08/26/2014 05:34 pm ET Updated Oct 26, 2014

With Budget Agreement, Medicaid Reform Should Be Next Compromise in North Carolina

After months of back and forth, North Carolina's legislators have finally agreed on a budget for the next fiscal year.

Finding a place of compromise is commendable -- especially when compared to our nation's federal representatives, who have only managed to pass an annual budget a small handful of times since 1952. But the budget accord earlier this month was silent on a critical issue that can wait no longer: reforming the state's Medicaid program.

Though there was hope for agreement on a reform plan before the General Assembly passed its budget and adjourned, it appears that the intent to reconvene to talk Medicaid in November -- just after election season -- will be the only language on comprehensive reform coming out of the session.

Reforming Medicaid in a way that will ensure budget predictability and quality care for some of North Carolina's most vulnerable residents is a formidable challenge, and has been a top discussion point in Raleigh for well over a year. Following the reveal of Governor McCrory's initial plan in April of 2013, a revised recommendation was put forth by a special Medicaid Advisory Commission and the North Carolina Department of Health and Human Services (DHHS). Most recently, both the Senate and House have weighed in with some back and forth on a reform plan.

The Senate's proposal would rely on a managed care model for Medicaid. Capitated payments would be made to insurers or provider organizations, which would then be responsible for using this fixed monthly amount to care for enrollees. Insurance companies would be given two years to adapt, while provider-led organizations would have slightly longer.

Under the House plan, Accountable Care Organizations (ACOs) -- groups of providers who band together and agree to be held mutually accountable for the cost and quality of the care they deliver -- would form the basis of the Medicaid program. Under this proposal, backed by Governor Pat McCrory and informally by many of the state's provider groups, reform would be fully implemented by 2020.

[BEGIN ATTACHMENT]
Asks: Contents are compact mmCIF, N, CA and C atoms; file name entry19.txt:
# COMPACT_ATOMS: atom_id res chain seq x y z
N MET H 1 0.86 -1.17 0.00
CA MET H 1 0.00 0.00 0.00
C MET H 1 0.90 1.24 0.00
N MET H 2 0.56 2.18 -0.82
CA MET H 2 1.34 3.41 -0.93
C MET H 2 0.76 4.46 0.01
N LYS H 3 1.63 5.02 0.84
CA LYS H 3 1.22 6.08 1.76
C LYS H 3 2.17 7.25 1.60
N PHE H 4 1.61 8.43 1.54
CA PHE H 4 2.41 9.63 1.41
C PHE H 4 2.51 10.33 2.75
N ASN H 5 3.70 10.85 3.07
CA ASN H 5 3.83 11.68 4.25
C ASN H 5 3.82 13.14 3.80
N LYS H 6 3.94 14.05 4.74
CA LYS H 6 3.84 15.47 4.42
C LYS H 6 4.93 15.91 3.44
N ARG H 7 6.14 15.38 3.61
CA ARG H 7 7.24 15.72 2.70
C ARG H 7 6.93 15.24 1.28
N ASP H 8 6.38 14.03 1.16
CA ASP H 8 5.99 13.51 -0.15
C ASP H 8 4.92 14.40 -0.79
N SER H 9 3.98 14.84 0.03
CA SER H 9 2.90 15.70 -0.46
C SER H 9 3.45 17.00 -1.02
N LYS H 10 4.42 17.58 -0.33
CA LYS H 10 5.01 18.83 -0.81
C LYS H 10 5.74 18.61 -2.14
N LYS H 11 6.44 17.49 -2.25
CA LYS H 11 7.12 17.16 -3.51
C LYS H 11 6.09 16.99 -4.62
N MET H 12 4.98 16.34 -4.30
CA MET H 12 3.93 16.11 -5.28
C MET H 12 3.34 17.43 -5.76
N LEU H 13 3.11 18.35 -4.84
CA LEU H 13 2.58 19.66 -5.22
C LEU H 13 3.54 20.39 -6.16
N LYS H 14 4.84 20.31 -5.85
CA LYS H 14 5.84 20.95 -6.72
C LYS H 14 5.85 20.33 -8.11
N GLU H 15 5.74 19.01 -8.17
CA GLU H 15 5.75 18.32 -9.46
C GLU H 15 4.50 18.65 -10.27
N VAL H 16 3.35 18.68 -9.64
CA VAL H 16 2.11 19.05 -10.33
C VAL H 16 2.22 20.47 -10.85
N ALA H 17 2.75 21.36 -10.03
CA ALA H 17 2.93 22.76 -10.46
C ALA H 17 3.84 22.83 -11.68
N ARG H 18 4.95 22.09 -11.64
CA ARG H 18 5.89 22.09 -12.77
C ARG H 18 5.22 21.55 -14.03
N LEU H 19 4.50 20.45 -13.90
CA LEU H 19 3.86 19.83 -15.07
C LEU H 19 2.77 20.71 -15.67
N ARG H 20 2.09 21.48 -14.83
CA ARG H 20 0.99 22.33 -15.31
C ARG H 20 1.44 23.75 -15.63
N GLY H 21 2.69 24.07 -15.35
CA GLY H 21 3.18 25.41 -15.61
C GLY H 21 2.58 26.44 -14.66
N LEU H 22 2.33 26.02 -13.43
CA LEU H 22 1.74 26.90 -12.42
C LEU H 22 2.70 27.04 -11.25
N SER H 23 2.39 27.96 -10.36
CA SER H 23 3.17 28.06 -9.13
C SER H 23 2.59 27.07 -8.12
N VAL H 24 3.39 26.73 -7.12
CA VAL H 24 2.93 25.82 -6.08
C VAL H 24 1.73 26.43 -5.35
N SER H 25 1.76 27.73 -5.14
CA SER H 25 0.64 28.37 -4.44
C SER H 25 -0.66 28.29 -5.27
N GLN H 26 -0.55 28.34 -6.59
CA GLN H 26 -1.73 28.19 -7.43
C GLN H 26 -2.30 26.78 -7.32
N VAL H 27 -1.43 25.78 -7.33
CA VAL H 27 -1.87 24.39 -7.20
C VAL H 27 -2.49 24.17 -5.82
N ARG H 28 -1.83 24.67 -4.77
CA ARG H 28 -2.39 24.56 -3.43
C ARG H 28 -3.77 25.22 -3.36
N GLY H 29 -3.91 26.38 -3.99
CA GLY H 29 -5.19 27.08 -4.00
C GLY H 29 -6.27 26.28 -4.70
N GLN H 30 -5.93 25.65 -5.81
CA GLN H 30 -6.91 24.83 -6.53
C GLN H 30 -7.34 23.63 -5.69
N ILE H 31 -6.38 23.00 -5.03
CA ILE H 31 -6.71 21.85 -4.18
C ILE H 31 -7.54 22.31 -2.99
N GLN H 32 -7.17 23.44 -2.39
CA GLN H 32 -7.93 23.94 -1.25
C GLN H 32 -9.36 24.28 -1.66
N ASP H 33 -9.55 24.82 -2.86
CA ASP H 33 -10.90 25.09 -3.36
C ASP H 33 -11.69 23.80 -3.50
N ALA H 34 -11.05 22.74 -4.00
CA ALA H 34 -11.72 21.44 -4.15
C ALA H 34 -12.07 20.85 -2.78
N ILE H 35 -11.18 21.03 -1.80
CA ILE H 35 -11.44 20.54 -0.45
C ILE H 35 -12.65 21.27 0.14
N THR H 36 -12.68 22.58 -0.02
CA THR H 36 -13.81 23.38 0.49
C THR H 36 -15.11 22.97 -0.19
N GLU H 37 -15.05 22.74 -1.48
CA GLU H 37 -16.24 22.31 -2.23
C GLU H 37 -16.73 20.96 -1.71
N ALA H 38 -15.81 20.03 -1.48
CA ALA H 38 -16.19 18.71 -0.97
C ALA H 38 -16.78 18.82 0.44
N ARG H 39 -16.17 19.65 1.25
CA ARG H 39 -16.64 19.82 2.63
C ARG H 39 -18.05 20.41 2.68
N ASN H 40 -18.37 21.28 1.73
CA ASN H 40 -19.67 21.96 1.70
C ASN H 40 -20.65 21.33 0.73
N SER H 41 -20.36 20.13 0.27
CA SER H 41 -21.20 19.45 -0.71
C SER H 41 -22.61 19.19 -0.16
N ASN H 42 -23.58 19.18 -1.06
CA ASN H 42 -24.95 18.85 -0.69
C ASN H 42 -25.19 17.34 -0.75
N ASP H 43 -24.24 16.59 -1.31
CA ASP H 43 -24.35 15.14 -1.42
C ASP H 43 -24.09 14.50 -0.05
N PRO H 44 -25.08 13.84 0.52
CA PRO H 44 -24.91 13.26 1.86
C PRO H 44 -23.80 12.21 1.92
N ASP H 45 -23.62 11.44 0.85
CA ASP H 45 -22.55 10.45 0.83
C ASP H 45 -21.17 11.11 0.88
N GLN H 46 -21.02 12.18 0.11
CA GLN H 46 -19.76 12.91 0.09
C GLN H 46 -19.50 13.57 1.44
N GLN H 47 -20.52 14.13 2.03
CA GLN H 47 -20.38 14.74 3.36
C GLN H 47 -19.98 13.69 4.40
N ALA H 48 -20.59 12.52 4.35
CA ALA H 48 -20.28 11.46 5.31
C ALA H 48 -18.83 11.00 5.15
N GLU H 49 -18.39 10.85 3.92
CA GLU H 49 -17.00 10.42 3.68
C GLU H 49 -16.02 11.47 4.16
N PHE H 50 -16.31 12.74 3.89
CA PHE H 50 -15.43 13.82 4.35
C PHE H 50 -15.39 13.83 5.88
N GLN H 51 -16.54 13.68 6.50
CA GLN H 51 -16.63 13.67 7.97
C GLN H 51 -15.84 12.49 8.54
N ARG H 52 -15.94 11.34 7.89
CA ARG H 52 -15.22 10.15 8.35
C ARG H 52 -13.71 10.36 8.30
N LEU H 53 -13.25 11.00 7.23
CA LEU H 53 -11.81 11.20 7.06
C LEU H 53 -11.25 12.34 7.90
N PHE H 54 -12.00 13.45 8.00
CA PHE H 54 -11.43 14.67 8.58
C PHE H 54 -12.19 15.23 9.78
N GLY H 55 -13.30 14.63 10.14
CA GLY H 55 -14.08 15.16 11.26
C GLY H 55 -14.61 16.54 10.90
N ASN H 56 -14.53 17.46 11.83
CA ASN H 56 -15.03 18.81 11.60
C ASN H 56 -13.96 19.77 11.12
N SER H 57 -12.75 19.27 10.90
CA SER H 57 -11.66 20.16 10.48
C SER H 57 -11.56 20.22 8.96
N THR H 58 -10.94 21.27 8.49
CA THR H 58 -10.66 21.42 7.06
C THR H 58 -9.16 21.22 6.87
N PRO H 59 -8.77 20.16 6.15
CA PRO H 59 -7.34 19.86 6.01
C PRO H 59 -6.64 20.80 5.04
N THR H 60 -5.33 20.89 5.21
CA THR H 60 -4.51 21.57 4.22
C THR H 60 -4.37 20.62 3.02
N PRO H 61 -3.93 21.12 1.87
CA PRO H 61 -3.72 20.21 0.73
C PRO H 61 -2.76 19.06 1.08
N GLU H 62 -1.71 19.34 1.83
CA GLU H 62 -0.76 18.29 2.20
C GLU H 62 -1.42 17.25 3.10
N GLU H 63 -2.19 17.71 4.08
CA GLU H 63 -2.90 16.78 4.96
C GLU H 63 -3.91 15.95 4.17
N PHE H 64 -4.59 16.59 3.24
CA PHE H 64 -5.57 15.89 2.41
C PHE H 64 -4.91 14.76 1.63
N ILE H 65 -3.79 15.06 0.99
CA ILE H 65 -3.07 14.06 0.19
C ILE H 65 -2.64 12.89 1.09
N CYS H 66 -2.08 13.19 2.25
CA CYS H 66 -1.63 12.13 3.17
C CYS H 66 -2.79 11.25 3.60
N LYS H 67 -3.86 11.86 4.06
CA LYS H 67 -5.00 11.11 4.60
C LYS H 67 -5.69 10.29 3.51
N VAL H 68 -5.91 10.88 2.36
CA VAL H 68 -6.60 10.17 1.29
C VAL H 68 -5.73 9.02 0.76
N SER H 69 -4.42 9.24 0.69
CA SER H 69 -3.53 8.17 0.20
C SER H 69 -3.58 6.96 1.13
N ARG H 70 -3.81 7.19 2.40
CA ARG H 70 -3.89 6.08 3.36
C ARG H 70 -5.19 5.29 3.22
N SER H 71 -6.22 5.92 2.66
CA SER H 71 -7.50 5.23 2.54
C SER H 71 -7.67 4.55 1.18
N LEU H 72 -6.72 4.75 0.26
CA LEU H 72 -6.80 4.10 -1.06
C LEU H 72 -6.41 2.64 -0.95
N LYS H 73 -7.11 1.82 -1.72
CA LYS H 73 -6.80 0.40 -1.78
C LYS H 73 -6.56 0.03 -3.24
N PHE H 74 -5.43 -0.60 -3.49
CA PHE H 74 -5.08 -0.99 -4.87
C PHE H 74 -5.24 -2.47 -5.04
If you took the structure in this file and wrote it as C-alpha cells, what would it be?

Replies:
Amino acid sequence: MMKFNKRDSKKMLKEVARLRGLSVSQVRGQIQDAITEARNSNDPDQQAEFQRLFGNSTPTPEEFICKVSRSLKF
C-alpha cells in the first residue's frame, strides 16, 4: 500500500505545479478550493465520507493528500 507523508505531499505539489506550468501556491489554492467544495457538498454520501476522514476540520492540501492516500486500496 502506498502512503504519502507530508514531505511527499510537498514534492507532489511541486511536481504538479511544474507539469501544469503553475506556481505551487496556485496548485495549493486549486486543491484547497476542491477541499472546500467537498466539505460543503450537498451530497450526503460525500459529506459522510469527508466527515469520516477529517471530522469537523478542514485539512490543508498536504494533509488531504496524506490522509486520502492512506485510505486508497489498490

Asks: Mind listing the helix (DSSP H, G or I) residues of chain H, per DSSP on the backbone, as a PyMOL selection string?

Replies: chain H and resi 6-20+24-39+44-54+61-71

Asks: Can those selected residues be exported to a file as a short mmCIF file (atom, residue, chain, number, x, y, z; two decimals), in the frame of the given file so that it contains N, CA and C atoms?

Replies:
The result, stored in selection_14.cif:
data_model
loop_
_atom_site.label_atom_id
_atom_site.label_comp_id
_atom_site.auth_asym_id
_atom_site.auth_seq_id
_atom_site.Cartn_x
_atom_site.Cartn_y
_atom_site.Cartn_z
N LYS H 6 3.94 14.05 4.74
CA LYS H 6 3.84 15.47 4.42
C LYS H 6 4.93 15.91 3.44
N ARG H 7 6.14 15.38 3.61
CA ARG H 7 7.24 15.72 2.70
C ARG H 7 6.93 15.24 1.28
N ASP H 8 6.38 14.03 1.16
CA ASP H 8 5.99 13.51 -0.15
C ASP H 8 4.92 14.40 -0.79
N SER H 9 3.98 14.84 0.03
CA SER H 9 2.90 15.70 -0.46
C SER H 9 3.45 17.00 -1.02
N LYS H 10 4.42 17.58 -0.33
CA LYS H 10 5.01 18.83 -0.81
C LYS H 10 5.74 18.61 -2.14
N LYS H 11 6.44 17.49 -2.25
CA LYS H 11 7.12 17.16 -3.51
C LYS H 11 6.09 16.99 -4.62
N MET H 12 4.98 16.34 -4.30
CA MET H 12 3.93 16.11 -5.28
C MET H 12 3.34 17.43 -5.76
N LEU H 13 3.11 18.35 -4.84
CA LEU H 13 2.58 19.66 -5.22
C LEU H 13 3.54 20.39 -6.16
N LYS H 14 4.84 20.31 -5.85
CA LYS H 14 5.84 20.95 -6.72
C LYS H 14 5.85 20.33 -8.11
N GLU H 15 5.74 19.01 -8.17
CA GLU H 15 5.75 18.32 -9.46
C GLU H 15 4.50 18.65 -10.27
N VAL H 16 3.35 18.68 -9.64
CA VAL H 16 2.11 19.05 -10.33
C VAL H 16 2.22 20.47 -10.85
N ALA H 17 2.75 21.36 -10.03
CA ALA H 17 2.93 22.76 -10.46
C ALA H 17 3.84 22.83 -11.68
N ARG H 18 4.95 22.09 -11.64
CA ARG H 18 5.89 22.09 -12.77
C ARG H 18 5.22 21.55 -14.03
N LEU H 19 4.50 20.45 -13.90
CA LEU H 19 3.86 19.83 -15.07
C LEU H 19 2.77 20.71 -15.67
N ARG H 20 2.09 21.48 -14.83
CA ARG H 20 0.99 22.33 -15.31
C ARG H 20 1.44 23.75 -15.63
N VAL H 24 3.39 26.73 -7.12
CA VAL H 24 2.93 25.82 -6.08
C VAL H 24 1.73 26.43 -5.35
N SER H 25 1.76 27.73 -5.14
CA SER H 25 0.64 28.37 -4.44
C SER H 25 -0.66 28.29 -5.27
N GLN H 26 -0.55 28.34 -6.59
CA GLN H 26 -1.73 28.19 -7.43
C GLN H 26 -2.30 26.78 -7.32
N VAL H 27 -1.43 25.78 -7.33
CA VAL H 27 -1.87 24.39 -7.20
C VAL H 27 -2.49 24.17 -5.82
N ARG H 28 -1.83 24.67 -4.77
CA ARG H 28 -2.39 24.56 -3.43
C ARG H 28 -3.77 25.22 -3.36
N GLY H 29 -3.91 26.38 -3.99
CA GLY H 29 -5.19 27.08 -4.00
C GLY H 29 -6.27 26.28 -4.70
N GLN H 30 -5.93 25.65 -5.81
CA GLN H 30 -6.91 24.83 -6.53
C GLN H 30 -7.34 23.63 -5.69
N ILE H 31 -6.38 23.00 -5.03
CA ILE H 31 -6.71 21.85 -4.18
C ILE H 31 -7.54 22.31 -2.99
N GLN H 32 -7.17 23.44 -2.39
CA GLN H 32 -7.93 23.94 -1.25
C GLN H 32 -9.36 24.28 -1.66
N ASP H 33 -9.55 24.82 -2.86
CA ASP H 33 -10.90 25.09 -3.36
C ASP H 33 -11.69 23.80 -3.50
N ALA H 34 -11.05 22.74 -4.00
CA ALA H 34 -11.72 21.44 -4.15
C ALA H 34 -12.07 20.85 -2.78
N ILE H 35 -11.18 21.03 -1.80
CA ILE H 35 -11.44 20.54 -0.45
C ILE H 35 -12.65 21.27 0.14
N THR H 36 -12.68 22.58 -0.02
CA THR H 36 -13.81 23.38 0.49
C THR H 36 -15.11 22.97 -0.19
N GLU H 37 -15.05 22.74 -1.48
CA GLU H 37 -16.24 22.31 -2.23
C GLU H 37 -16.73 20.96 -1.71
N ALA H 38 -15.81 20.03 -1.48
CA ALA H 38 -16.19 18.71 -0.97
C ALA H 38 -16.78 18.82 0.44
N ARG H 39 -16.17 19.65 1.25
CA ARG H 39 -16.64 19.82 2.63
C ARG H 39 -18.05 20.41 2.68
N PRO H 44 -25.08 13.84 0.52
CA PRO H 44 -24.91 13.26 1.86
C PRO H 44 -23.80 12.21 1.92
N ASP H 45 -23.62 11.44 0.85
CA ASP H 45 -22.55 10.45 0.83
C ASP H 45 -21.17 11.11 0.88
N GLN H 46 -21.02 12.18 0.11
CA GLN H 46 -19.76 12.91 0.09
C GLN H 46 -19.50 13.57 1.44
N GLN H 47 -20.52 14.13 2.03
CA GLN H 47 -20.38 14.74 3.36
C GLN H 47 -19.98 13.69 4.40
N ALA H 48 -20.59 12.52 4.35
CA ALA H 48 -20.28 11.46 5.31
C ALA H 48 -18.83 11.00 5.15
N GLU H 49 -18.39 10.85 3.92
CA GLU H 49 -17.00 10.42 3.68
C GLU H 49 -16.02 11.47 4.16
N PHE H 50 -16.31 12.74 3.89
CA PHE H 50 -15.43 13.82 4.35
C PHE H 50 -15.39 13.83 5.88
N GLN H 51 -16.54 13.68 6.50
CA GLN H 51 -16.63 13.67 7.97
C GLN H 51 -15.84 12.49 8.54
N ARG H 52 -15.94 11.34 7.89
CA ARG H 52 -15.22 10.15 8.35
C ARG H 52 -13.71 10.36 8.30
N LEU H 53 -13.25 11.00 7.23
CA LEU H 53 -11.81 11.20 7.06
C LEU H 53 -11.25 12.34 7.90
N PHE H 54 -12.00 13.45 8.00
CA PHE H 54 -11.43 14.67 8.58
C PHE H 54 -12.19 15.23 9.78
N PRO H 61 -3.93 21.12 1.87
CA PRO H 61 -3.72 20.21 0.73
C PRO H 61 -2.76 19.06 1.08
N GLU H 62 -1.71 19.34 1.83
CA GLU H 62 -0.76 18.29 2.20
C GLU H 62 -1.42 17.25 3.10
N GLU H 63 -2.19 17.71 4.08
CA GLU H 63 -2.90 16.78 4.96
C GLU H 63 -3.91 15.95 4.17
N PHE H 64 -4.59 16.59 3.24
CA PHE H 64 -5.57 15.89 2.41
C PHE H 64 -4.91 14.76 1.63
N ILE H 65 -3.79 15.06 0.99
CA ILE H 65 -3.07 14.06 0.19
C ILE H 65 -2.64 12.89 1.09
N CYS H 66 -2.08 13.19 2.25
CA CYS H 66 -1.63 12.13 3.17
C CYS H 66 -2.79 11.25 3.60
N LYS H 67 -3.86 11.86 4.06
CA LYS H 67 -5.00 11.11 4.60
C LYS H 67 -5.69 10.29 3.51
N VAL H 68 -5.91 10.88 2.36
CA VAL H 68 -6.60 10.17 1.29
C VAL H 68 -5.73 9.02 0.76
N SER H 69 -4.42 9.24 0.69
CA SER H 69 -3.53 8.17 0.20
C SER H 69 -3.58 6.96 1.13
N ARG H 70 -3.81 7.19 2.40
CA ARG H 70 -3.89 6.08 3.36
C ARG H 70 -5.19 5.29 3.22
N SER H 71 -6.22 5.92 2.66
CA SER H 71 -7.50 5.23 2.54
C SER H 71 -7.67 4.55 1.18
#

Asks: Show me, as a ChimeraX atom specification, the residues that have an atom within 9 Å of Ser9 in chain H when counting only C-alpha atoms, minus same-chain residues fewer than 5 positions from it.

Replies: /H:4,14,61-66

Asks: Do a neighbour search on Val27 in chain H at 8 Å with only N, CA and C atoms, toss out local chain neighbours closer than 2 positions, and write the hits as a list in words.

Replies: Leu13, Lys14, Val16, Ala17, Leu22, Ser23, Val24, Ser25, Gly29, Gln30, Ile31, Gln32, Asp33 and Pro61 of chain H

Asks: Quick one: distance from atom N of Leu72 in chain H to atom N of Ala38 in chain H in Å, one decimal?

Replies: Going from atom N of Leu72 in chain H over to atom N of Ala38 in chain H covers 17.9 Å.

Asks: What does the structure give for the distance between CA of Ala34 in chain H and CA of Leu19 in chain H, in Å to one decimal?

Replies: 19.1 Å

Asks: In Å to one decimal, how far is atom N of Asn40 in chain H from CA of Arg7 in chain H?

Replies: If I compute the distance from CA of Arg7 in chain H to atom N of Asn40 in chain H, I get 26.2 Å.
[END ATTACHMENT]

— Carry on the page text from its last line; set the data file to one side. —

While the two plans differ in meaningful ways, both have one commendable and widely agreed upon goal: restoring budget predictability to the state's health care obligations. Budget overruns by the Medicaid program cannot continue to burden the state's taxpayers, while simultaneously crowding out other critical funding priorities.

With this common end in mind, compromise should be well within reach. Action on reform will ultimately hinge on finding agreement across two key dimensions: (1) the appropriate model for achieving budget predictability while ensuring quality of care is not sacrificed, and (2) the timeframe for implementing such a change.

Reasonable compromise in these two areas might involve a relatively rapid move to an ACO-based model, whose risk-bearing and payment method would then evolve over the longer term to look more like managed care.

Medicaid ACOs could start off by sharing with the state government the cost savings they achieve through careful care coordination, while being held partially responsible for overruns above a pre-specified target. Over the next 5 to 7 years, these organizations could be gradually shifted to a per-member-per-month, capitated payment, eventually bearing all financial risk for cost overruns. Critically, carefully designed and frequently re-evaluated quality metrics core to the ACO concept -- those endorsed by the National Committee for Quality Assurance might be a good starting point -- would ensure the quality of Medicaid patients' care is not sacrificed in the process.

Such a proposal would inevitably be criticized as too slow by some and too rapid by others. But compromise is defined by mutual concession. The last year has been largely filled with meaningful debate on what is best for North Carolina and how to get there. Lawmakers have centered on some reasonable ideas. With the end fully agreed, the means should be something on which our elected representatives can, through thoughtful and respectful democratic debate, quickly find common ground. We should expect nothing less come November.